Scathing SeaWorld doc "Blackfish" sure to make a splash
One of my earliest childhood memories is going to SeaWorld in Orlando. I must have been about four or five at the time, making it the kind of old memory that seems more like a dream, some scattered mental images half-glimpsed through a fog of time.
I know it wasn't a dream, though, because a running joke in the family was my inability to say the name Shamu. Instead, I called him "Shampoo," an adorable mental typo, though one that led to much horrified confusion when I discovered the substance I put in my hair during baths shared the same name. Was this the incredible whale's tragic fate? To become a fragrant goop that made my hair shiny and clean, and my eyes sting if I wasn't careful?
Five-year-old me was obviously wrong, but according to the new documentary "Blackfish," the majestic orca whales' fateful journey from the wild to the SeaWorld stage is almost just as horrid and cruel. And it's coming at the expense of human lives and our collective humanity.
In February 2010, SeaWorld trainer Dawn Brancheau was performing a show with Tilikum the orca when her aquatic star grabbed a part of the trainer (SeaWorld says her ponytail; the film says her arm) and dragged her underwater. Brancheau drowned in the ensuing struggle. She also suffered brutal injuries to her head, torso and neck, including a severed spinal cord. Video exists of the attack, but it's thankfully only seen in fleeting glimpses. OSHA responded with a lawsuit against the park, forcing trainers out of the water for Shamu shows.
The fatal attack on Brancheau serves as the center of "Blackfish," but instead of lingering on the violent behavior of the present, director Gabriela Cowperthwaite heads back to the past and plays criminal psychologist, uncovering what could have caused Tilikum's brutal actions (he's killed two others while in captivity as well).
What she uncovers is an unnerving trail of mistreatment, misunderstanding and abuse. It began with a chillingly calculated 1983 hunt for orcas. The babies – including Tilikum way back when – were separated from the adults and plucked from the water, all while the families helplessly looked on and heart-wrenchingly cried out for their kidnapped kin.
Tilikum and others then found themselves in small, barely lit storage tanks with one another. They'd take him out to perform a few moves for the kids in the crowd, and then put him back into his dark prison. Combine that with being starved by some of his early trainers and brutally bullied by many of his fellow whales – a side effect of being in tight quarters with members of other families and genders – and you've likely got a formula for a frustrated psychosis, just waiting to snap.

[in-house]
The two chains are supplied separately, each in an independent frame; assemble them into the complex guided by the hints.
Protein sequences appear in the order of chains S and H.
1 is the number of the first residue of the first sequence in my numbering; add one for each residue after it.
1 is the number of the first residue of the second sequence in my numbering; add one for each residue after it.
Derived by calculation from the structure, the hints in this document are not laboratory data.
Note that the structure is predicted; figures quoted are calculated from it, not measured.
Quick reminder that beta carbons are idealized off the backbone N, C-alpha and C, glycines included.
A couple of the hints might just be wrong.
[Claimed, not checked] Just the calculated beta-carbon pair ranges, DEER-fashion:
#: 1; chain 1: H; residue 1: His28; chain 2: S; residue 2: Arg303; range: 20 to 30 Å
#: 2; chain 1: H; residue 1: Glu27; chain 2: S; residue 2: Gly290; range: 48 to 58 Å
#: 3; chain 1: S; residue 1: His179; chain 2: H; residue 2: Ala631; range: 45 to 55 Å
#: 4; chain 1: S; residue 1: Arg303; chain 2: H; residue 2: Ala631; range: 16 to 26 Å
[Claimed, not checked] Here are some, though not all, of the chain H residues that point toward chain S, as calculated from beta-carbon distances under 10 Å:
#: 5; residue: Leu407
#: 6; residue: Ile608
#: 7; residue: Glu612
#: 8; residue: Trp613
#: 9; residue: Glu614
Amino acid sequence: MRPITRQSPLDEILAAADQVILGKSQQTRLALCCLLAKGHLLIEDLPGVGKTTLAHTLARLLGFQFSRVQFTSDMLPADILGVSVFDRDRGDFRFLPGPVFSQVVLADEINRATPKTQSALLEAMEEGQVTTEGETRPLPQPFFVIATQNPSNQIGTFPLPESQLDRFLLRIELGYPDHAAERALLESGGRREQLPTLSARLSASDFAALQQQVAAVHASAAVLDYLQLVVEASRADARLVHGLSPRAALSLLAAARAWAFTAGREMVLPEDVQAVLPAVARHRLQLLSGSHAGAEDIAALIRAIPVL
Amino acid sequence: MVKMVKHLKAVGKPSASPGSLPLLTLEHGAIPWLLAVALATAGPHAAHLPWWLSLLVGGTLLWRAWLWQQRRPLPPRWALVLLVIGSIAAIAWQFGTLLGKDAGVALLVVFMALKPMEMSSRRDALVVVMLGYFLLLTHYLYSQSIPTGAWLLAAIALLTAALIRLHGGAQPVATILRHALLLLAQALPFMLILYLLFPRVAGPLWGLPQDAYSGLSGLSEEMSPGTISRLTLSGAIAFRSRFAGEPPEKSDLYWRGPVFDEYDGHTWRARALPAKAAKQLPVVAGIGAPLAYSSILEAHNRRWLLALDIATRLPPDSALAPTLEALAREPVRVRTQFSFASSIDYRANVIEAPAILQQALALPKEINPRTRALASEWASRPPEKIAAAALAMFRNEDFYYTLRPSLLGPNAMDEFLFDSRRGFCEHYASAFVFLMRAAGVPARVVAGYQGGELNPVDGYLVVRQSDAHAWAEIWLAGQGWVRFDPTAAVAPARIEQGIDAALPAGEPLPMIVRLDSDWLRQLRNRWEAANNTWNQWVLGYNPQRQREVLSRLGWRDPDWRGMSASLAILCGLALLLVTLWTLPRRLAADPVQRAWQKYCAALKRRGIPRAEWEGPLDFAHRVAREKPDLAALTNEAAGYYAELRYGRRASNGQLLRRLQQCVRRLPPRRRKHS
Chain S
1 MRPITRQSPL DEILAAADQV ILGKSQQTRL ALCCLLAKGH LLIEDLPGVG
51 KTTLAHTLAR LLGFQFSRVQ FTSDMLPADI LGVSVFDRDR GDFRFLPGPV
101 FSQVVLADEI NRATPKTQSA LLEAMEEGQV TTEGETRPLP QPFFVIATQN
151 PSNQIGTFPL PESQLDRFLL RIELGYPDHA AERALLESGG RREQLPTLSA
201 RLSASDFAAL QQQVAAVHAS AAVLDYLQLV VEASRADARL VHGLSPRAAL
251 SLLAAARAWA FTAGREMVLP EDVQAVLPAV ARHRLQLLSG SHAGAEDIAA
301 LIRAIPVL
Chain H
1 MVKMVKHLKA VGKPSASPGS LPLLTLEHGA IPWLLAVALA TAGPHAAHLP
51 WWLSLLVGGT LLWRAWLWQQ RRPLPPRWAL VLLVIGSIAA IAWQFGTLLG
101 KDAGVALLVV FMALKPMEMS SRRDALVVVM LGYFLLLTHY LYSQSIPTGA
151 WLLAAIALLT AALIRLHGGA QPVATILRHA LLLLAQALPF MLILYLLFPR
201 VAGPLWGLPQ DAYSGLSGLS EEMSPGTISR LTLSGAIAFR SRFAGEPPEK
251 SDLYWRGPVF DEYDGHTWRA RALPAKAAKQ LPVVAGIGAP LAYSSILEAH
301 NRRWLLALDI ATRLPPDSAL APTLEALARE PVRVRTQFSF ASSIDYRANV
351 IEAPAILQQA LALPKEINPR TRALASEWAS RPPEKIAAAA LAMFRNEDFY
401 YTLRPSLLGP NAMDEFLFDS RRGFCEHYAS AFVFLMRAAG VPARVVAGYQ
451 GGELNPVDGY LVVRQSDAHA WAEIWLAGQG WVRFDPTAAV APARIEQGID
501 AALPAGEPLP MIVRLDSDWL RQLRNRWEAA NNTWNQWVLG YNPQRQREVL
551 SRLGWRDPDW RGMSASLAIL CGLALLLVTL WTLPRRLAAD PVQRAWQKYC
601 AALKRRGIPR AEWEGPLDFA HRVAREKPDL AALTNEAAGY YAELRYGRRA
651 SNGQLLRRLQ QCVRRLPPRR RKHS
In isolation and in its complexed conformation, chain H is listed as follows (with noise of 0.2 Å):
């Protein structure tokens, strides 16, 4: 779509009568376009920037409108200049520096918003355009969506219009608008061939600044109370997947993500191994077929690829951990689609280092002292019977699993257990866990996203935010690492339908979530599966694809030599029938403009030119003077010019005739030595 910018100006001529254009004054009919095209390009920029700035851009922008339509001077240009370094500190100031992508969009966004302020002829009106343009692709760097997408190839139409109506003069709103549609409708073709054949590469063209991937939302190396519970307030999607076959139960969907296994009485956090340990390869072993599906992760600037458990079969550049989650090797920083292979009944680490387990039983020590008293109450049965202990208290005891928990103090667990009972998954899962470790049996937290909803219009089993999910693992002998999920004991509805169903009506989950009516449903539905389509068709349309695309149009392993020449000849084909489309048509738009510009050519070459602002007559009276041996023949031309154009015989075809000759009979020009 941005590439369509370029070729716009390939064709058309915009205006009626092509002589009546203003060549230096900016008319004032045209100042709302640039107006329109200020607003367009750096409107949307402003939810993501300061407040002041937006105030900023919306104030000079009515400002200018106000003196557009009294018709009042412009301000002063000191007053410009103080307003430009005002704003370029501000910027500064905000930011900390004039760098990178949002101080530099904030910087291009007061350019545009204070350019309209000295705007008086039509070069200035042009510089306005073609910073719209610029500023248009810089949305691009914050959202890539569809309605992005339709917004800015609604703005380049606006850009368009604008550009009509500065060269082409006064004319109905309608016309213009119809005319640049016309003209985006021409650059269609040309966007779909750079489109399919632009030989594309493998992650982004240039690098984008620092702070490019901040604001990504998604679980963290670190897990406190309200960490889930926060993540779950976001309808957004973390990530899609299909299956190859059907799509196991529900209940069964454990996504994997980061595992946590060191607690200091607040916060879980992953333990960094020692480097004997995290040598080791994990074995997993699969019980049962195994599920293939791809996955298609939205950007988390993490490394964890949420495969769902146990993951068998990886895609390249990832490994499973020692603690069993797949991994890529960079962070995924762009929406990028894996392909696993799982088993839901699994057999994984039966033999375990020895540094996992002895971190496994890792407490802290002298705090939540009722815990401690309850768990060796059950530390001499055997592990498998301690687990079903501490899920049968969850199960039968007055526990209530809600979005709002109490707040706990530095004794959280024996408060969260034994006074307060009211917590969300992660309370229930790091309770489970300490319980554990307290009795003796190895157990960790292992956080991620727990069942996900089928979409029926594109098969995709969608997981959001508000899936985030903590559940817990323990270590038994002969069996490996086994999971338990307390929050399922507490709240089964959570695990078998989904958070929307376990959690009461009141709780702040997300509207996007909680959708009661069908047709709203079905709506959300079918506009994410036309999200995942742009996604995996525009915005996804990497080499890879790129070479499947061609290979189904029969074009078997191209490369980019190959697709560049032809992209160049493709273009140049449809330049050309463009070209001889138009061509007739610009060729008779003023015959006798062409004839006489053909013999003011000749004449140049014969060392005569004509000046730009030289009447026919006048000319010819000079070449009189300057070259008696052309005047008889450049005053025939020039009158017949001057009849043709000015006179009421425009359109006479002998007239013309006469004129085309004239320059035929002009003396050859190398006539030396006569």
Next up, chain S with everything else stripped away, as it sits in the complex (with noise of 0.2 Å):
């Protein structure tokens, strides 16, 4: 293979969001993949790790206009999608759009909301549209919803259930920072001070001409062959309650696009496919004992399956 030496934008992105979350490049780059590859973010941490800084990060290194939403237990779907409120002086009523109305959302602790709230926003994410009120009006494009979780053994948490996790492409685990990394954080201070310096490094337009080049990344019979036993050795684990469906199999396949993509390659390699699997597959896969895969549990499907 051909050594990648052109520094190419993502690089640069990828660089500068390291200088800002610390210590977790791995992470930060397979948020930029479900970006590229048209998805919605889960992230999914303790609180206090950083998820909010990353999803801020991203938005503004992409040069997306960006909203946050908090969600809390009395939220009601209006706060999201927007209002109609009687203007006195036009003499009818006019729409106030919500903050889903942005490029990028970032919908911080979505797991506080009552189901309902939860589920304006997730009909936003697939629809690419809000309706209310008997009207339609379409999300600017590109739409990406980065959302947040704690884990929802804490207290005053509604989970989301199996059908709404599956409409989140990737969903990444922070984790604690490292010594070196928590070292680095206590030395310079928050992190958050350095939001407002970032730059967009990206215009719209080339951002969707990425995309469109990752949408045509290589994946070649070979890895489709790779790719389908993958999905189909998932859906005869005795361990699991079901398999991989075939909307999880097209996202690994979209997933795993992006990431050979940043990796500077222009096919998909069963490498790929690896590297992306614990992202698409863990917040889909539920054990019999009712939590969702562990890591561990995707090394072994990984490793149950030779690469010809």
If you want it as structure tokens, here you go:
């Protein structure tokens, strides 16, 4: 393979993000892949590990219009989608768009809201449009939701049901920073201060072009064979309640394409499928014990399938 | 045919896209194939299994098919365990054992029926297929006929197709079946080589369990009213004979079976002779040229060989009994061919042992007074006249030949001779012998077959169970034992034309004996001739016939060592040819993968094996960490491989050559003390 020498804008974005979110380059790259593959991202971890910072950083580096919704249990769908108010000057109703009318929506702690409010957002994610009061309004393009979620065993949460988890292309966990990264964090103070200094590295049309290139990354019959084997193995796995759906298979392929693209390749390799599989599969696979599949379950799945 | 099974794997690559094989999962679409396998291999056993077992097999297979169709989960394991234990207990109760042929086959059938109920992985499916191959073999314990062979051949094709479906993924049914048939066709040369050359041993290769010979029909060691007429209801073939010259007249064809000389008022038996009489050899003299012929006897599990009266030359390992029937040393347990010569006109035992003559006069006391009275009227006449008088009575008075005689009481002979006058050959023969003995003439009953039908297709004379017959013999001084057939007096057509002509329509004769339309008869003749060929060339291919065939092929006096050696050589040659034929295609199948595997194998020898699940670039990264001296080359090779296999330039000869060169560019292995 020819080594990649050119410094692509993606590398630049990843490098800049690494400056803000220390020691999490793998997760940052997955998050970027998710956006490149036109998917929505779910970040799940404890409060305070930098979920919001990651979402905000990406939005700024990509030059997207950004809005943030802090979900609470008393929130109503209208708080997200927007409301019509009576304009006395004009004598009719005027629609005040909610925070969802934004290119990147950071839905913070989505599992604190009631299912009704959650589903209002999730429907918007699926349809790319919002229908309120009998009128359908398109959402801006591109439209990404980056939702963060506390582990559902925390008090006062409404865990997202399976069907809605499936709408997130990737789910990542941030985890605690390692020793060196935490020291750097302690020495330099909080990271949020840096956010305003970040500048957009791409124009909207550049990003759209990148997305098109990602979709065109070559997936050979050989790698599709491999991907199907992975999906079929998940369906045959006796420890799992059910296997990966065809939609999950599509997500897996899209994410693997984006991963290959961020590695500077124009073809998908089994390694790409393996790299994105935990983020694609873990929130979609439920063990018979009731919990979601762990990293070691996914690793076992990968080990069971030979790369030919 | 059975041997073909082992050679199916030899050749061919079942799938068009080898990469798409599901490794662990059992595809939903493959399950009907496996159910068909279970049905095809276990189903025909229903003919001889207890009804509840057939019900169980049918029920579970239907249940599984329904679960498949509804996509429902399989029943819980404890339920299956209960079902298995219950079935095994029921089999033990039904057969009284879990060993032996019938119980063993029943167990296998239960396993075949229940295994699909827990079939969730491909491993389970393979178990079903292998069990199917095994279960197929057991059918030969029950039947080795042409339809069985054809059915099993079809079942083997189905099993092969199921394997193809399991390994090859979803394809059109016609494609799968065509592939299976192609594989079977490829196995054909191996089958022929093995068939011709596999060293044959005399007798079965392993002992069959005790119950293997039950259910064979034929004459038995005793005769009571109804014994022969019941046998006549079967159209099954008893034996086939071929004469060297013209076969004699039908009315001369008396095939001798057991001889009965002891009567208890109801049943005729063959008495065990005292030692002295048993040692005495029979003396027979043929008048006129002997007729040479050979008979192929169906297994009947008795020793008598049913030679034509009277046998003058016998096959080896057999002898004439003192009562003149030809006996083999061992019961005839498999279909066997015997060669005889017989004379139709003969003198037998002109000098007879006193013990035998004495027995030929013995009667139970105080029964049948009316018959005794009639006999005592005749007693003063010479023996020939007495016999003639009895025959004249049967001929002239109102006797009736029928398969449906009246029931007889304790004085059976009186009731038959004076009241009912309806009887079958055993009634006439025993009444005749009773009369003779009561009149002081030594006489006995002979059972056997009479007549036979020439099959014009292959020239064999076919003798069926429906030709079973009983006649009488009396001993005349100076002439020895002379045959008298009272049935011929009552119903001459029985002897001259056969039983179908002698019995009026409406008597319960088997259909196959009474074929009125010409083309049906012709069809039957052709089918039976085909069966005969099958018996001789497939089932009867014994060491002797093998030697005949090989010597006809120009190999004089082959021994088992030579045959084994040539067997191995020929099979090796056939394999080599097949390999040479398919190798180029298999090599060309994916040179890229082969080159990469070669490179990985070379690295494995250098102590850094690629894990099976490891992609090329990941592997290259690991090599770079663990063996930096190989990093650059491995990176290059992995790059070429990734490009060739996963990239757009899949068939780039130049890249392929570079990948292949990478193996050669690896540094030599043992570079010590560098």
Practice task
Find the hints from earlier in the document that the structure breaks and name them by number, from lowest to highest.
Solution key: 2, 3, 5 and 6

At least, that's the film's argument. "Blackfish" gathers up an overwhelming amount of evidence and support for its thesis, including plentiful interviews with former SeaWorld trainers. They start the film remembering the glee they originally had toward their jobs, but that joy turns into cynicism, fueled by outrage at the park's neglect to their health and the health – both mental and physical – of the complex and emotionally heightened animals under their watch.
Even more potent is the harrowing footage Cowperthwaite digs up, showing orcas profusely bleeding on stage from gashes obtained in captivity and dragging trainers around like ragdolls in other non-lethal but still horrifying attacks. Another tape shows a trainer, riding one orca, crushed when another whale decides to jump on top of him. One interviewee notes the trainer's wetsuit likely kept him together.
No one would deny that SeaWorld is doing wrong to these majestic creatures in the name of profitable family entertainment. Well, except SeaWorld of course. The park's tour guides sell that the orcas have longer lives in captivity and that their flopped over dorsal fins are a common, natural affliction, "facts" that the numerous trainers and whale experts interviewed quickly contradict. Even Brancheau's tragic death is twisted into a rejection of responsibility, with the park coldly tossing the veteran trainer under the bus by claiming "trainer error."
SeaWorld certainly has plenty of questions to answer, but "Blackfish" never quite seals the deal on the key argument that the attacks are really the result of the whales' mistreatment. It's the classic dilemma of correlation versus causation. It seems equally as plausible that maybe people just shouldn't be in close quarters with a thousand-pound creature capable of such unpredictably vicious behavior.
Nature is often a forceful, unruly beast, and as much as the experts discuss the whales' beauty, astute emotions and soulfulness, they're still killer whales. Even in the most humane of conditions, it seems like a risk to swim with these animals.
The argument that SeaWorld's tactics and captivity are wrong is undoubtedly solid and well-founded. To expand it to provide deeper meaning to these attacks? Less so.
One expert notes there are no instances of killer whales attacking humans in the wild, but we also don't normally attempt to ride orcas in the wild. After all, they're still the same creatures seen craftily joining together to push a seal off a chunk of ice, likely to its death, in an amateur YouTube video (complete with unintentionally hilarious audio commentary from its videographer).
While we're briefly on the topic of audio issues, the typewriter sound accompanying all the on-screen text does seem a bit tacky, but that's barely a plankton-sized complaint in the ocean of startling imagery and intense material presented in "Blackfish." Cowperthwaite's arguments may win over the heart more than they truly win over the mind, but they'll still make audiences think twice about where they go on their next family vacation.
Theaters and showtimes for Blackfish
Thanks for the extremely detailed review. Now I don't need to see the movie.
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